There is only one tradition that I celebrate every new year’s, and that’s listening to U2’s “New Years Day.” I started doing this when I was in junior high, and back then, it was a fairly basic “look—it’s new year’s day and, and, I’m listening to a song called ‘New Year’s Day!’” Since then, my attitude has changed.
I rarely get time to stop in my life; I keep myself pretty tightly scheduled, because there’s a lot I want to do. I take the four minutes and eighteen seconds of the song to just sit, and regroup. I don’t particularly listen to the lyrics anymore. I let it set the tone for a good little think about what’s important.
This time, I did not reflect on 2012. 2012 was a year, and now it’s done. A lot of the really memorable stories from 2012 will be ones that I tell in the future.
Instead, I thought about 2013. 2013 is going to be another year. There are a lot of events coming that I know will come, and I know will be pivotal. First is my birthday. Huzzah! Then I’ll have to write my preclinical comprehensive final. Eeek. With that in the past, I’ll be getting married. Huzzah! Then I shall start my third year of medicine, which is my first year of clerkship. Eeek.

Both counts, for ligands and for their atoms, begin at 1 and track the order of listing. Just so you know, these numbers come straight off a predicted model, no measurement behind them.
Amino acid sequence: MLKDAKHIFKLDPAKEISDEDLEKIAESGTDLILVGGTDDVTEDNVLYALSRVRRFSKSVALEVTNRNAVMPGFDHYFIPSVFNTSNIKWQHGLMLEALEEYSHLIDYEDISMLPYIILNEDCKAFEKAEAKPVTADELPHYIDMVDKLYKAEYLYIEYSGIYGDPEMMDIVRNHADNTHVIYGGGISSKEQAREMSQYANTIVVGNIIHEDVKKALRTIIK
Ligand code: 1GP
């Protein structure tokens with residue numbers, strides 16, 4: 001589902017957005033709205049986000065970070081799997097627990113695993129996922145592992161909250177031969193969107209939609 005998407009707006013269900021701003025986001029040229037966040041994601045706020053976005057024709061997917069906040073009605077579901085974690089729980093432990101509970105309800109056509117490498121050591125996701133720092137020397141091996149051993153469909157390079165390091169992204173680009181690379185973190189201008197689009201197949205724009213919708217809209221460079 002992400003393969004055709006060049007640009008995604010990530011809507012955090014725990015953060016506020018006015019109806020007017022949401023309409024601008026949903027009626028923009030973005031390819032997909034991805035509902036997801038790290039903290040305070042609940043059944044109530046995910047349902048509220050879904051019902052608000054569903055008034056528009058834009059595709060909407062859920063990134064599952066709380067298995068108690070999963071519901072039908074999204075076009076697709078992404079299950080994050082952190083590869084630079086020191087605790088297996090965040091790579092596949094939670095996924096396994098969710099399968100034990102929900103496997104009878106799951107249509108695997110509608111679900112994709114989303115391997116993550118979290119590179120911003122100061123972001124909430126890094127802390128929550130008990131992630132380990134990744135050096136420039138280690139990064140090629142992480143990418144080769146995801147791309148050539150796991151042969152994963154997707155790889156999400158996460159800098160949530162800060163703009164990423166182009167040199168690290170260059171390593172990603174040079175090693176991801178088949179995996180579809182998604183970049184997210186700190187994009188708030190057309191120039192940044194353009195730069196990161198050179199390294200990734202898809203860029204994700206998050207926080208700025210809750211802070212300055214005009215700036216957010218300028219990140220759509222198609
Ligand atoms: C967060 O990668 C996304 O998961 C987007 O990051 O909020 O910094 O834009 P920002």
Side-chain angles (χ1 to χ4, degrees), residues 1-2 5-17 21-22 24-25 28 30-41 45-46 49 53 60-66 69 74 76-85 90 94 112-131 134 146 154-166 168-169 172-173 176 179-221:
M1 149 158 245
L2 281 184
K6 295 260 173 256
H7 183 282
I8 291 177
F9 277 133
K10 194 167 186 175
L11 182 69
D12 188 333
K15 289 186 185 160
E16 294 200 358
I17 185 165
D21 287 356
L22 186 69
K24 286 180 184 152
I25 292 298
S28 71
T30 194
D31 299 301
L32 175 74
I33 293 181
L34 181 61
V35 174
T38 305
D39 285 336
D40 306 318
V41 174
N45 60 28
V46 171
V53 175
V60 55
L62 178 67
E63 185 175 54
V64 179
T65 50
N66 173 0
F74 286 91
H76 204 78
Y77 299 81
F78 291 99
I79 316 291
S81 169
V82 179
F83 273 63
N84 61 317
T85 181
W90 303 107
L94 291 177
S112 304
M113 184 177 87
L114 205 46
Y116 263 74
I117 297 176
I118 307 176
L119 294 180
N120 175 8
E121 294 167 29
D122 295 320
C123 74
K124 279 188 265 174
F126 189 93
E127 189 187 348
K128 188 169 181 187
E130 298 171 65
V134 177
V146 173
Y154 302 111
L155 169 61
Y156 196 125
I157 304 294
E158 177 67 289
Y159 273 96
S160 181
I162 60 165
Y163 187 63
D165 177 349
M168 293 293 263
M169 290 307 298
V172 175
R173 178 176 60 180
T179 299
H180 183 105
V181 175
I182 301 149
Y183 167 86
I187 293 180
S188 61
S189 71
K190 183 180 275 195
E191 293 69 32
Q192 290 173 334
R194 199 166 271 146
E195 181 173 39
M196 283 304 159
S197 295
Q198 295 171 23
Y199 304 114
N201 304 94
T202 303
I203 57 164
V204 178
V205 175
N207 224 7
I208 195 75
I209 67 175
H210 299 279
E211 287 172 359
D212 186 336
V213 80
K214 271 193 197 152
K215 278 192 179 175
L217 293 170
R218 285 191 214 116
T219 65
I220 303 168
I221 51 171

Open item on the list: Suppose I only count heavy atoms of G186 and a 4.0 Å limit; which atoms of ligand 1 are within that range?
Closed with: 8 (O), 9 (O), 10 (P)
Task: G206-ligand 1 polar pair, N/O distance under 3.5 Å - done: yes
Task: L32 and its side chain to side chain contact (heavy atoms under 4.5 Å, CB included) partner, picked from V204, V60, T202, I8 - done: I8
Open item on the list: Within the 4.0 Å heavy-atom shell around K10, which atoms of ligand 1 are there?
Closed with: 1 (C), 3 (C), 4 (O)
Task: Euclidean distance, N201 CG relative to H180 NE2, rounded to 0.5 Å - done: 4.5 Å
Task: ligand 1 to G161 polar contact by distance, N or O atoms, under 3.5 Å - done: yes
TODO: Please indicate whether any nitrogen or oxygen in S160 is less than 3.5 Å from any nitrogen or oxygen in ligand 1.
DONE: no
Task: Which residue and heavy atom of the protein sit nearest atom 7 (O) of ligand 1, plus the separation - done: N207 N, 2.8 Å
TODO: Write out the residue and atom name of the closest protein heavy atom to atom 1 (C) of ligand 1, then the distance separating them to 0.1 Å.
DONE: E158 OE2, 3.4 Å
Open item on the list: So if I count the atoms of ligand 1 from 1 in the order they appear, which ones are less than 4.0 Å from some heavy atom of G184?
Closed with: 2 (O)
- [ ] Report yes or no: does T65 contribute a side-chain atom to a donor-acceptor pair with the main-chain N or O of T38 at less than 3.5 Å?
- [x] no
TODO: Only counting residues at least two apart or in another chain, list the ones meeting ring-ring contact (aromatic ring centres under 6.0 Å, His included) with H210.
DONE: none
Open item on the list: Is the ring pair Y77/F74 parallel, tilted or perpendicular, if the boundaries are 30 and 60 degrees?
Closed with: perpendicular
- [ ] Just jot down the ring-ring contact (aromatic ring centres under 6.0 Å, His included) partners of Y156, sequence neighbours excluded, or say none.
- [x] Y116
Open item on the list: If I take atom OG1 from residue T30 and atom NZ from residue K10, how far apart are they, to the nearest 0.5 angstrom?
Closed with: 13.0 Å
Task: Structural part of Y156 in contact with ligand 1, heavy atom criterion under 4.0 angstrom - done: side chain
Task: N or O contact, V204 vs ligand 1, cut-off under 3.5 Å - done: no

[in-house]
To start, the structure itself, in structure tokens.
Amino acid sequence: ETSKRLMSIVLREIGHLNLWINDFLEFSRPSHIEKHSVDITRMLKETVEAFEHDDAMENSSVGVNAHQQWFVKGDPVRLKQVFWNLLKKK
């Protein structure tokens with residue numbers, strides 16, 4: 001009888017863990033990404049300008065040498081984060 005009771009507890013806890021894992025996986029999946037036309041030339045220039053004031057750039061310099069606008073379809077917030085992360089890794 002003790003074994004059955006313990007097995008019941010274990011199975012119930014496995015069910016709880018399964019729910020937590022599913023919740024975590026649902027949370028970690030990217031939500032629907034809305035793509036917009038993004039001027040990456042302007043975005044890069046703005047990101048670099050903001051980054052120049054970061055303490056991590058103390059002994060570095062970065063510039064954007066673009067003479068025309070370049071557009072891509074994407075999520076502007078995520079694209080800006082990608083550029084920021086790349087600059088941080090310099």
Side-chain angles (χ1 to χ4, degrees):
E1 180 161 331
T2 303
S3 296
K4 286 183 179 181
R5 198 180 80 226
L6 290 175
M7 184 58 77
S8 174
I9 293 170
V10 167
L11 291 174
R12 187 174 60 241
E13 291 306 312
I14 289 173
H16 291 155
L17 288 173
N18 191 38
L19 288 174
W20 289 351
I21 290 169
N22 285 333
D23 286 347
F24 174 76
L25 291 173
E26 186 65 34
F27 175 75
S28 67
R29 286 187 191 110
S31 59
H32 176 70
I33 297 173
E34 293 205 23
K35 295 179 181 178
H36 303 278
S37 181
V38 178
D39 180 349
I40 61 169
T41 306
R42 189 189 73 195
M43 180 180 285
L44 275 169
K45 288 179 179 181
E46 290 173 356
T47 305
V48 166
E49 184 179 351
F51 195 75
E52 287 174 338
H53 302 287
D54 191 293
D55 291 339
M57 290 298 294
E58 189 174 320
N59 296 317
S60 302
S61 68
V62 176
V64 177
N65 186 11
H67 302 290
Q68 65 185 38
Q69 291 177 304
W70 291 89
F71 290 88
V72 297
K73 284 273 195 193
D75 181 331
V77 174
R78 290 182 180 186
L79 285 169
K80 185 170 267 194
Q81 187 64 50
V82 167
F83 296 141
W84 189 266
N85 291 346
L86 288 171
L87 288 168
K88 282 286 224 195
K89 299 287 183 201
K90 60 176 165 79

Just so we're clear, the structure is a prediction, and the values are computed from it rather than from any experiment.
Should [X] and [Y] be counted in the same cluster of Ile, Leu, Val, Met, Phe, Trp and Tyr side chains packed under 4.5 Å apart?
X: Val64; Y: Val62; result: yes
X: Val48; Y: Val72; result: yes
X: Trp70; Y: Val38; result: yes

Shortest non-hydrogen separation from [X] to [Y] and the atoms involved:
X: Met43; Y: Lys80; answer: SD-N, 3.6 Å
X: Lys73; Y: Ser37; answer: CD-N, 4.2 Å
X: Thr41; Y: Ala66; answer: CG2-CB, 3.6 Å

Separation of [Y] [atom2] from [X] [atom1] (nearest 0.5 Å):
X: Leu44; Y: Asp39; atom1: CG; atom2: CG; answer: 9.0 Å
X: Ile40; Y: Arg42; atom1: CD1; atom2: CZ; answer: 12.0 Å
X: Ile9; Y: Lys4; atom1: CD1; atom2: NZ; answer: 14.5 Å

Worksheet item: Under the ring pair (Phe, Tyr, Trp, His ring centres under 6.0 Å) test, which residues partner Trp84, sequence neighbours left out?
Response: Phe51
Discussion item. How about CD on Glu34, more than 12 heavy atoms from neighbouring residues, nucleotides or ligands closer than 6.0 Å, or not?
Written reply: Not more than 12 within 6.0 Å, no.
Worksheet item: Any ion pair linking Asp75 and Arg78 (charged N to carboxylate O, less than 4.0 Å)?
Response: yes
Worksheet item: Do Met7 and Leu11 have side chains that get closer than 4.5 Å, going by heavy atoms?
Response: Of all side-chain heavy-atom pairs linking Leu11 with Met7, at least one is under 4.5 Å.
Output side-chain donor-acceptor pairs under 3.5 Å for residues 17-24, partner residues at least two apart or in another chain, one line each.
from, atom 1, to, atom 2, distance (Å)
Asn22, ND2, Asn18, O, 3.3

I feel that every year, people around me sit around and say “oh, this last year was pretty good, but this next year—this next year is going to be great.” And I’m not sure why. Sure, there are a lot of things that a person can look forward to in a year. For example, getting married is going to be fantastically fun, and the honeymoon will also be, whatever form it takes. Still, we can’t really know what’s going to happen in the coming year.
More or less, every year is the same, I find. The numbers of ups roughly equals the numbers of downs. People get older, but they may or may not grow.
The “this will be a good year” mantra is probably psyche talk for “I’m going to try and be happier this year.” And a lot of people do start out trying new things that they think will make them happier around new years, with, at best, mixed success.
I’m of the opinion that too much happiness is not only impossible, it’s bad for you. No one could be constantly happy and also be psychologically whole, I think. Worse, the pursuit of happiness can so easily turn into a dungeon of self-blame and despair.
I’ve stopped chasing the bluebird of happiness, and am more often visited by the bovine of contentment.
I think “bovine of contentment” because cows seem to be pretty placid most of the time. It’s nice to just chew cud, and reflect that what I’ve done, and what I’m going to do, is pretty much what I’m glad to have done and do.
Happy new year’s. I hope you have a cow.